Boeing 747 Family

N74701 is the prototype of the Boeing 747 family.
N74701 is the prototype of the Boeing 747 family.

Boeing launched the 747 Program in 1966 with an order from Pan American World Airlines. The 747 entered commercial service in 1970; the early 747 family included the -100, -SP, -200 and -300 models, commonly referred to as the Classics. The 747-400 is currently the only model in production, and it is the best-selling member of the 747 family. Boeing thoroughly redesigned the 747 with the -400 model, making major aerodynamic improvements, adding winglets to improve fuel efficiency, incorporating new avionics, installing a new flight deck and providing the latest in-flight entertainment systems.

The 747-400 flight deck replaced the analog systems of the 747 classic with digital avionics, reducing the number of lights, gauges and switches from 971 to 365. Programmable displays and simpler cockpit procedures also reduced the workload in the cockpit.

Boeing 747-400LCF the Large Cargo Freighter’s unique design will feature an entire aft fuselage that swings open for loading. Modifications to enlarge the upper fuselage will increase the volume of the main cargo deck to 1.845 m³, 300 percent more capacity than the 747-400 Freighter, the largest freighter in regularly scheduled service. Two Large Cargo Freighters will be needed to support initial 787 production. Two 747-400s that will be converted to the new configuration were purchased by Boeing in 2004. Boeing continues looking for a third airplane that will enter service later. Certification of the first Large Cargo Freighter will occur in 2006, with the airplane returning to service in 2007 to support final assembly of the first 787 Dreamliner.

Developing nation: United States of America
Manufacturer/designer: Boeing Commercial Airplane Company.
Production line: Everett, WA.
Type aircraft: Long range high capacity wide body airliner.
First flight: – 747-100 February 9, 1969, N7470.

– 747-200B October 11, 1970, N611US.

– 747-200F November 30, 1971, N1794B.

– 747-200C March 23, 1973, N747WA.

– 747SP July 4, 1975, N747SP.

– 747-200M November 18, 1974, N8297V.

– 747-300/SR October 5, 1982 N6005C.

– 747-300M February 14, 1983, N4548M.

– 747-400 April 29, 1988,  N401PW.

– 747-400M June 30, 1989, N6038E.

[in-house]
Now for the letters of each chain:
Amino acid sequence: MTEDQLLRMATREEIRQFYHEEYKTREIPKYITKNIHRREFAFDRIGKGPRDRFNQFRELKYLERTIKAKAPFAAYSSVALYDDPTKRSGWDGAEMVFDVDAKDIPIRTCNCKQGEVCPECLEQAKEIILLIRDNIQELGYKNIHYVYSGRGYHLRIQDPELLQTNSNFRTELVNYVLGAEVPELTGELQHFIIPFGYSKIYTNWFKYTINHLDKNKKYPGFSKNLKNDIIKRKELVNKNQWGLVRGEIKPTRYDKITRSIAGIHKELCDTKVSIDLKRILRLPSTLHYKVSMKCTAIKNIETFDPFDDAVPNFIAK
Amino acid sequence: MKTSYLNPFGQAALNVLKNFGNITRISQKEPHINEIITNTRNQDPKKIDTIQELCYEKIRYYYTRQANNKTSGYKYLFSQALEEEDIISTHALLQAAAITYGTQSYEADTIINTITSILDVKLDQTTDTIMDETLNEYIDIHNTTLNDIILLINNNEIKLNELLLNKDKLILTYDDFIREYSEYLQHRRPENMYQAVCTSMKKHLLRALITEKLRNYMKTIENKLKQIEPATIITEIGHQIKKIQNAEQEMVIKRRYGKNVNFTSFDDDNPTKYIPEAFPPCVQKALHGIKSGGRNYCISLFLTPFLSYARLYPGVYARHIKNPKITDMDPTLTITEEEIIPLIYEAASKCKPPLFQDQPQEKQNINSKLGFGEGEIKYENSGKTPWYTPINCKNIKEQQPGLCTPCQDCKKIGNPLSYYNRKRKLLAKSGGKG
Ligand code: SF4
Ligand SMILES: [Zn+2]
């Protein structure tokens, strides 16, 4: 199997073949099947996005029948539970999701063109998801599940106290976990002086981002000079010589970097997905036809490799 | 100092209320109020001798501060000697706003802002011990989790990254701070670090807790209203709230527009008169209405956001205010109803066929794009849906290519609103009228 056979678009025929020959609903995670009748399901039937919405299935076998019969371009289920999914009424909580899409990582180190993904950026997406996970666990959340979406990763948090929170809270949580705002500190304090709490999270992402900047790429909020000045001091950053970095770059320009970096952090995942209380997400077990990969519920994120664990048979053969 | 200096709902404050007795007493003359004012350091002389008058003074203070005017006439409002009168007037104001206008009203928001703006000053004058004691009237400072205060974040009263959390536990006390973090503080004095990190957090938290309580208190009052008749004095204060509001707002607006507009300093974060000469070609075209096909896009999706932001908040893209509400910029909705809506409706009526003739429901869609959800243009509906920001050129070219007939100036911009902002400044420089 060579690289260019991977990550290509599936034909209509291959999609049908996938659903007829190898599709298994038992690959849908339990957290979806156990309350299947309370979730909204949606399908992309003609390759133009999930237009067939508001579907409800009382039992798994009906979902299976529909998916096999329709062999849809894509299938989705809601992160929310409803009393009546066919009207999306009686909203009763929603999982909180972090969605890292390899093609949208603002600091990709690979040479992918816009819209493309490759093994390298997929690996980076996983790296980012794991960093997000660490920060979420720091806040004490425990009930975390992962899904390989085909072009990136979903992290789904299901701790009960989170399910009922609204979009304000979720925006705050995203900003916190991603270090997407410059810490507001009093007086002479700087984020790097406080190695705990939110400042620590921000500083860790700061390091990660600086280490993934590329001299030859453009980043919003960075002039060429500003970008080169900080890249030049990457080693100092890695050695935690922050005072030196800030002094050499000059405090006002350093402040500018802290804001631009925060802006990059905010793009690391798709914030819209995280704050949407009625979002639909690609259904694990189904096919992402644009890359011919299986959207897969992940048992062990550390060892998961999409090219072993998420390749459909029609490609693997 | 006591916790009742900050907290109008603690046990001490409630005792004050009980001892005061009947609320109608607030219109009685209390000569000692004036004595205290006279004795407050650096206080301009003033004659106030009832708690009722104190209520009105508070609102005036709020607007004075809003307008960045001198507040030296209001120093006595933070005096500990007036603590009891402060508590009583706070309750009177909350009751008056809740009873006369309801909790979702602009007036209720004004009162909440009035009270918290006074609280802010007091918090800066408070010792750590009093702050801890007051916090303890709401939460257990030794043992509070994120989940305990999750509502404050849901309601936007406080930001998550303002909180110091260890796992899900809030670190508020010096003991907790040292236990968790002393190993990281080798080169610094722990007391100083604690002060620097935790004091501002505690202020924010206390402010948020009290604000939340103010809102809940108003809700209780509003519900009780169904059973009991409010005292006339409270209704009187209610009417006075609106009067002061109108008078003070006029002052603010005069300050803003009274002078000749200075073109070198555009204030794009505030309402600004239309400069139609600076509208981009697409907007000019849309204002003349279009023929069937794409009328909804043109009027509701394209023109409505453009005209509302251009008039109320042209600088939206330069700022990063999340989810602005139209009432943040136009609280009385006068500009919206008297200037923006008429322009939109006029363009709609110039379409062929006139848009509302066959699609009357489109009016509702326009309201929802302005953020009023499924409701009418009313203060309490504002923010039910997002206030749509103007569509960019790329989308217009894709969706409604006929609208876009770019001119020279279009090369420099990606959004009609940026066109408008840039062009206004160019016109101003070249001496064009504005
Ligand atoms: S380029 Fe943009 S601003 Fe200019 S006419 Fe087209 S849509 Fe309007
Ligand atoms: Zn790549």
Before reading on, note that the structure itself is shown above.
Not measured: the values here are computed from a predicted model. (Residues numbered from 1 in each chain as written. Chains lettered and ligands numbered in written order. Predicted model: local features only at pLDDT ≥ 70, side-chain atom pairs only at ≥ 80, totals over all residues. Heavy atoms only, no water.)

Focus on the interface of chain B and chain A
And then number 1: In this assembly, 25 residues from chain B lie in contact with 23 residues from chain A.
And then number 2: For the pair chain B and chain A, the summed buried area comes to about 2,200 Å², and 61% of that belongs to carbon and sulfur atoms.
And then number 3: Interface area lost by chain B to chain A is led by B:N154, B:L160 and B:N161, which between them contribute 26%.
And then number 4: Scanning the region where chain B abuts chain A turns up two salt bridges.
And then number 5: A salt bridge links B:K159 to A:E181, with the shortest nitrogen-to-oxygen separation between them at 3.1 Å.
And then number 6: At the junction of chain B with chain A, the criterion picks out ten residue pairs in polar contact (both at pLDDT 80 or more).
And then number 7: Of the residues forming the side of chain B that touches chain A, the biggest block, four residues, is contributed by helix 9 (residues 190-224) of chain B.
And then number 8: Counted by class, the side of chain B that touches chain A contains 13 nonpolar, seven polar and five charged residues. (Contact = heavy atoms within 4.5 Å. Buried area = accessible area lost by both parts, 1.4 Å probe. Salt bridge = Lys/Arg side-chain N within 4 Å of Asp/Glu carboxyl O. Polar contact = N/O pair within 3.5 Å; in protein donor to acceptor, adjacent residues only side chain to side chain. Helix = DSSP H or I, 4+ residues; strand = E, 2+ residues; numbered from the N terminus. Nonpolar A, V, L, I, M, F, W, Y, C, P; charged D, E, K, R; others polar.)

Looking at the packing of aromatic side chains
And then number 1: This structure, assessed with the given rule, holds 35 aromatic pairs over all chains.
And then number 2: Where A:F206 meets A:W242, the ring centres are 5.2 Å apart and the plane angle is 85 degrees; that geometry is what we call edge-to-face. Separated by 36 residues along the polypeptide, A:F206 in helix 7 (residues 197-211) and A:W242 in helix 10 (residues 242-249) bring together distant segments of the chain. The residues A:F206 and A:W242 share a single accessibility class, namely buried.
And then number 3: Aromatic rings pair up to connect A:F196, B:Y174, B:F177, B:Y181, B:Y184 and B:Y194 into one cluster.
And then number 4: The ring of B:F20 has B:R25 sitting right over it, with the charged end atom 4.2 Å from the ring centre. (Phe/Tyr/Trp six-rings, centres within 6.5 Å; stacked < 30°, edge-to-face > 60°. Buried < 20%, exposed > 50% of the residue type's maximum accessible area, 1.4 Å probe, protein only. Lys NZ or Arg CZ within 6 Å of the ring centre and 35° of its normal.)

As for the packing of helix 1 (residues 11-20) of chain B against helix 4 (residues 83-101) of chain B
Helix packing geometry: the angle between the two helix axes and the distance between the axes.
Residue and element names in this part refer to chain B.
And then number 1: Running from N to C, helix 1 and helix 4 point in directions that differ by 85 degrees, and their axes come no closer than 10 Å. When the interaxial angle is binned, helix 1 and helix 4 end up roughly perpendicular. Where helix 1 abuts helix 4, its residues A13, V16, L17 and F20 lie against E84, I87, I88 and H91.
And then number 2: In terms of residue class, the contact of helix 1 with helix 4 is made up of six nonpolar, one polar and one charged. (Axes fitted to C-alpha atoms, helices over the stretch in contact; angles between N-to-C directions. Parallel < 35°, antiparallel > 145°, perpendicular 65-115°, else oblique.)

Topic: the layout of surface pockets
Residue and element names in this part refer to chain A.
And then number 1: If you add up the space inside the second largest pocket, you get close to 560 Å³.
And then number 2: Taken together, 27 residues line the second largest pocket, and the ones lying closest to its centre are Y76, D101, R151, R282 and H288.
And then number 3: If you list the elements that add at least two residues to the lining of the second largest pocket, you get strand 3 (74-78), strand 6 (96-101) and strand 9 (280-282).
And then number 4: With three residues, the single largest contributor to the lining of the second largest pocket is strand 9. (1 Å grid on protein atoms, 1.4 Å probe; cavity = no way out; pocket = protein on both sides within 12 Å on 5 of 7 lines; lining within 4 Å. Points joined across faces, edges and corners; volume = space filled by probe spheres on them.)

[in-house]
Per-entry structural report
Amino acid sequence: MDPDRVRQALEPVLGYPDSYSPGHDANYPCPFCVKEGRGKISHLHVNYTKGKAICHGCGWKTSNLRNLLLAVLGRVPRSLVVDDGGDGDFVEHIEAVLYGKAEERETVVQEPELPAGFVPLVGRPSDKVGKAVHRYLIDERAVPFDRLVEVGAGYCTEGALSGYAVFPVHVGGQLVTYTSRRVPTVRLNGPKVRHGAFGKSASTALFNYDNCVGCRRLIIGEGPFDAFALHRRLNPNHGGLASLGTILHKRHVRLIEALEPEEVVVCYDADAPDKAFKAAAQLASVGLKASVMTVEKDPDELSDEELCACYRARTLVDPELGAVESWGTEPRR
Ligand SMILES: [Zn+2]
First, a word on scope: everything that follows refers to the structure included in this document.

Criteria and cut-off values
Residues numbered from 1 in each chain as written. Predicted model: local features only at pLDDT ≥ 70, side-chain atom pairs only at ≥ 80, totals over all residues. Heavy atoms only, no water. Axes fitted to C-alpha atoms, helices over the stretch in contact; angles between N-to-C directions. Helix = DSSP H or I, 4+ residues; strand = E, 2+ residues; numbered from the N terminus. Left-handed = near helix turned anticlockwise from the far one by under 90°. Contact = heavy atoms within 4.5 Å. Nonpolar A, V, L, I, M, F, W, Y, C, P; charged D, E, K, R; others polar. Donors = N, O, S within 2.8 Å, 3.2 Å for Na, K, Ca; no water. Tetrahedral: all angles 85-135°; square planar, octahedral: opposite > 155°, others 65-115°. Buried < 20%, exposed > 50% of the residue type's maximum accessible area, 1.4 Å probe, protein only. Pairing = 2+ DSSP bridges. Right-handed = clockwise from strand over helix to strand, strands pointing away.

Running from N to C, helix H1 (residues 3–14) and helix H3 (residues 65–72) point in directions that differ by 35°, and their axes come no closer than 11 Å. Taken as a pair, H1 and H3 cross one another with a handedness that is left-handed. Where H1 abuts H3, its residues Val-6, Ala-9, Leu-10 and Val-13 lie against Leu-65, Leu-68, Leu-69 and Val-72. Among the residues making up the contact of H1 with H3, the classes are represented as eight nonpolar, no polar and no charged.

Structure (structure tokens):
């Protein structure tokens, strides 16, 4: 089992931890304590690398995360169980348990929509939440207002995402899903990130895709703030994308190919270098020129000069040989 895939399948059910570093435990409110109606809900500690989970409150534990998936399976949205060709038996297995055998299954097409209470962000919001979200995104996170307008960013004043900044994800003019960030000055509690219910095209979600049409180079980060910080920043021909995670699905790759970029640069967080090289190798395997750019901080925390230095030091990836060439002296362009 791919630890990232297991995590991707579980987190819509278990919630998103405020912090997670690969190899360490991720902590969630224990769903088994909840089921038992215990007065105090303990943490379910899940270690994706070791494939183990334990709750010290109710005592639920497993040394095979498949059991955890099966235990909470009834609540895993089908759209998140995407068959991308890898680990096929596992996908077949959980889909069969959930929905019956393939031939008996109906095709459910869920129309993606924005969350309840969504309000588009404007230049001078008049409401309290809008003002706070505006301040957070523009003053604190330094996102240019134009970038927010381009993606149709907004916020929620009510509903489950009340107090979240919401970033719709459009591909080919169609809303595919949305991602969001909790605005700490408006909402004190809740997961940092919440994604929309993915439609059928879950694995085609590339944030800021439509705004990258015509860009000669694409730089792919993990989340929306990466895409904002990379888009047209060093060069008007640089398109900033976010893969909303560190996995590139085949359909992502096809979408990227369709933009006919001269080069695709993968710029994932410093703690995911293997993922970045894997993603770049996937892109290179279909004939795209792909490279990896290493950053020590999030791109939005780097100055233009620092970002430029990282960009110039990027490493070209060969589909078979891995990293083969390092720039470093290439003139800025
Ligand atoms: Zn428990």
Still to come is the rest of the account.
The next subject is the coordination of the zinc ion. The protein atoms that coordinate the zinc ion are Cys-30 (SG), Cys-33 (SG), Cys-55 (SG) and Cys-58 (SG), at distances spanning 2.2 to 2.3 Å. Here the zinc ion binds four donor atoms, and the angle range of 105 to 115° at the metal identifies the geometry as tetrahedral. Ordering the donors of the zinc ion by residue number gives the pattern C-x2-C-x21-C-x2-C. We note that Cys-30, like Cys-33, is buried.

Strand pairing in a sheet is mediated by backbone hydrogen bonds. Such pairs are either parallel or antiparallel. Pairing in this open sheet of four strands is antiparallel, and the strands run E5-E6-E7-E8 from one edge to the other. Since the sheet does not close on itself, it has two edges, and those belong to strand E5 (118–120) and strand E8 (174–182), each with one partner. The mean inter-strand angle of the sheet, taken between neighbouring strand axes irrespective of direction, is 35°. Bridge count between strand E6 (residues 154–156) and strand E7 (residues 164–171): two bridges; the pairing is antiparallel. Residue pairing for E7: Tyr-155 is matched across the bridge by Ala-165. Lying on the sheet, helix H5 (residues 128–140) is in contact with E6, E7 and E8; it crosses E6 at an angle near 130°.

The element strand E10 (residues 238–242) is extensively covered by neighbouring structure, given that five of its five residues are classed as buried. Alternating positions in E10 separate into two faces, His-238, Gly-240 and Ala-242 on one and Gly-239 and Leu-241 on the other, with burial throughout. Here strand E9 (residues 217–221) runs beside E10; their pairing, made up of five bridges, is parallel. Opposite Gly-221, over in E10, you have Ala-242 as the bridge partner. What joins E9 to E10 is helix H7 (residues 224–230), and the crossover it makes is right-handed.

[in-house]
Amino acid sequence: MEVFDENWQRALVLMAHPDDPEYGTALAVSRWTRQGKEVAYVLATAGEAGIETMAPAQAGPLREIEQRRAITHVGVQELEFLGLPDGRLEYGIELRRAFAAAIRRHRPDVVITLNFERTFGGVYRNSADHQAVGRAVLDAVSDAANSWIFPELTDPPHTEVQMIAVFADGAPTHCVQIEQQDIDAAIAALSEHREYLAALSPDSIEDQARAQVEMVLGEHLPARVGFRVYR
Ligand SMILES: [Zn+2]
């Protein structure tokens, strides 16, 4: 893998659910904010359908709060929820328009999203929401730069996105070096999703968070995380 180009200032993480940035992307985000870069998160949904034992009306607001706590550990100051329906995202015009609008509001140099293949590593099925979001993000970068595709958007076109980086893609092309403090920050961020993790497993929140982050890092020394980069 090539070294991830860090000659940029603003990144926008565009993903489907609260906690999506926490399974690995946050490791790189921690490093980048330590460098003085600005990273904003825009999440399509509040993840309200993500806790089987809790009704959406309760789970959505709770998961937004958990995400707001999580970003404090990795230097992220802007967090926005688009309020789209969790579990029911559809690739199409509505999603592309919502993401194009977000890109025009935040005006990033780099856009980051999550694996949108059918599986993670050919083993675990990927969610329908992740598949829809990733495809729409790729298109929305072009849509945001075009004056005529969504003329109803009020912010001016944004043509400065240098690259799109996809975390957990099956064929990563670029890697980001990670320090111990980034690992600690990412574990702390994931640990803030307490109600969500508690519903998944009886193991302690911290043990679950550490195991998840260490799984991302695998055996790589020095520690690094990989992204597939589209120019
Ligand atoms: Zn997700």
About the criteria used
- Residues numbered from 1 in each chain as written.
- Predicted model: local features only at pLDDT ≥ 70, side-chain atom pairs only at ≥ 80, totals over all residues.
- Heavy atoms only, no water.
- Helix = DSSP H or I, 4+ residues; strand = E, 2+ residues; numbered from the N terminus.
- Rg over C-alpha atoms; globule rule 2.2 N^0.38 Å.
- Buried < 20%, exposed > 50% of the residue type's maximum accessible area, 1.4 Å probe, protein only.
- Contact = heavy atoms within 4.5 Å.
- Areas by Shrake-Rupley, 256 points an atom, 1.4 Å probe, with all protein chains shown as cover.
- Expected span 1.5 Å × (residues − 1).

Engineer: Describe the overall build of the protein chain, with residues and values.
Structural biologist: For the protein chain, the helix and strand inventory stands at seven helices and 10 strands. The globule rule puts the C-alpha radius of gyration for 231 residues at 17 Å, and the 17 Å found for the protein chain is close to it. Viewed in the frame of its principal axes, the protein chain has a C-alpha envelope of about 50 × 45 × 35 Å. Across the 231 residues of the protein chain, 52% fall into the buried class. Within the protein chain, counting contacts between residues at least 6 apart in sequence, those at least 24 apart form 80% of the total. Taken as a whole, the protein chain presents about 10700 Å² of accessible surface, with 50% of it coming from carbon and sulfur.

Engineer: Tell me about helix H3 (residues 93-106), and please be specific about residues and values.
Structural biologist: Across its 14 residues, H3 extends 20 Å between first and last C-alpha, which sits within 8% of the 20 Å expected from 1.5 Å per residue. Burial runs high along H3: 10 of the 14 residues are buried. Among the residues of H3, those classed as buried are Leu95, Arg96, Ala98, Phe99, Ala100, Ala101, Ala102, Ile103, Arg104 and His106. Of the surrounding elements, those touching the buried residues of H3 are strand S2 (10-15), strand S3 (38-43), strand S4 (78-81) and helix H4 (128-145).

– 747-400D March 18, 1991, N60668.

– 747-400F May 4, 1993, N6005C.

– 747-400ER July 31, 2002, N6018N.

– 747-400ERF September 30, 2002, N5017Q.

– 747-400LCF September 9, 2006.

First delivery: – 747-100 December 13, 1969 to Pan Am.

– 747-200B January 15, 1971 to KLM.

– 747-200F March 10, 1972 to Lufthansa.

– 747-200C April 30, 1973 to World Airways.

– 747SP March 5, 1976 to Pan Am.

– 747-200M March 7, 1975 to Air Canada.

– 747-300/SR March 1, 1983 to UTA.

– 747-300M March 5 1983 to Swissair.

– 747-400 January 26, 1989 to Northwest Airlines.

– 747-400M September 1, 1989 to KLM.

– 747-400D October 10, 1991 to Japan Air Lines.

– 747-400F October 22, 1993 to Cargolux.

– 747-400ER October 31, 2002 to Qantas.

– 747-400ERF. October 17, 2002 to Air France.

Last delivery: – 747-100 July 1986 to Japan Air Lines.

– 747-200B December 1990 to USAF.

– 747-200F November 1991 to Nippon Cargo Airways.

– 747-200C September 1988 to Martinair.

– 747SP December 12, 1989 to Abu Dhabi Government (UAE).

– 747-200M December 12, 1989 to Abu Dhabi Government (UAE).

– 747-300/SR October 1988 to Japan Asia.

– 747-300M September 1990 to SABENA.

– 747-400M April 10, 2002 to KLM.

– 747-400D December 1995 to All Nippon Airways.

Boeing 747 Top 10 current operators:
Japan Air Lines. – 73 Boeing 747
British airways. – 57 Boeing 747
Korean Air Lines. – 43 Boeing 747
United Airlines. – 37 Boeing 747
Qantas. – 36 Boeing 747
Cathay Pacific Airlines. – 35 Boeing 747
Northwest Airlines. – 35 Boeing 747
Air France. – 34 Boeing 747
China Airlines. – 30 Boeing 747
Lufthansa. – 30 Boeing 747

Summary March 2005.

Boeing 747 Top 10 all times operators:
Japan Air Lines. – 113 Boeing 747
British Airways. – 101 Boeing 747
United Airlines. –  88 Boeing 747
Singapore Airlines. –  79 Boeing 747
Air France. –  72 Boeing 747
Korean Air Lines. –  70 Boeing 747
Pan Am. –  65 Boeing 747
Qantas. –  65 Boeing 747
Lufthansa. –  62 Boeing 747
Northwest Airlines. –  62 Boeing 747

Be the first to comment

Leave a Reply

Your email address will not be published.


*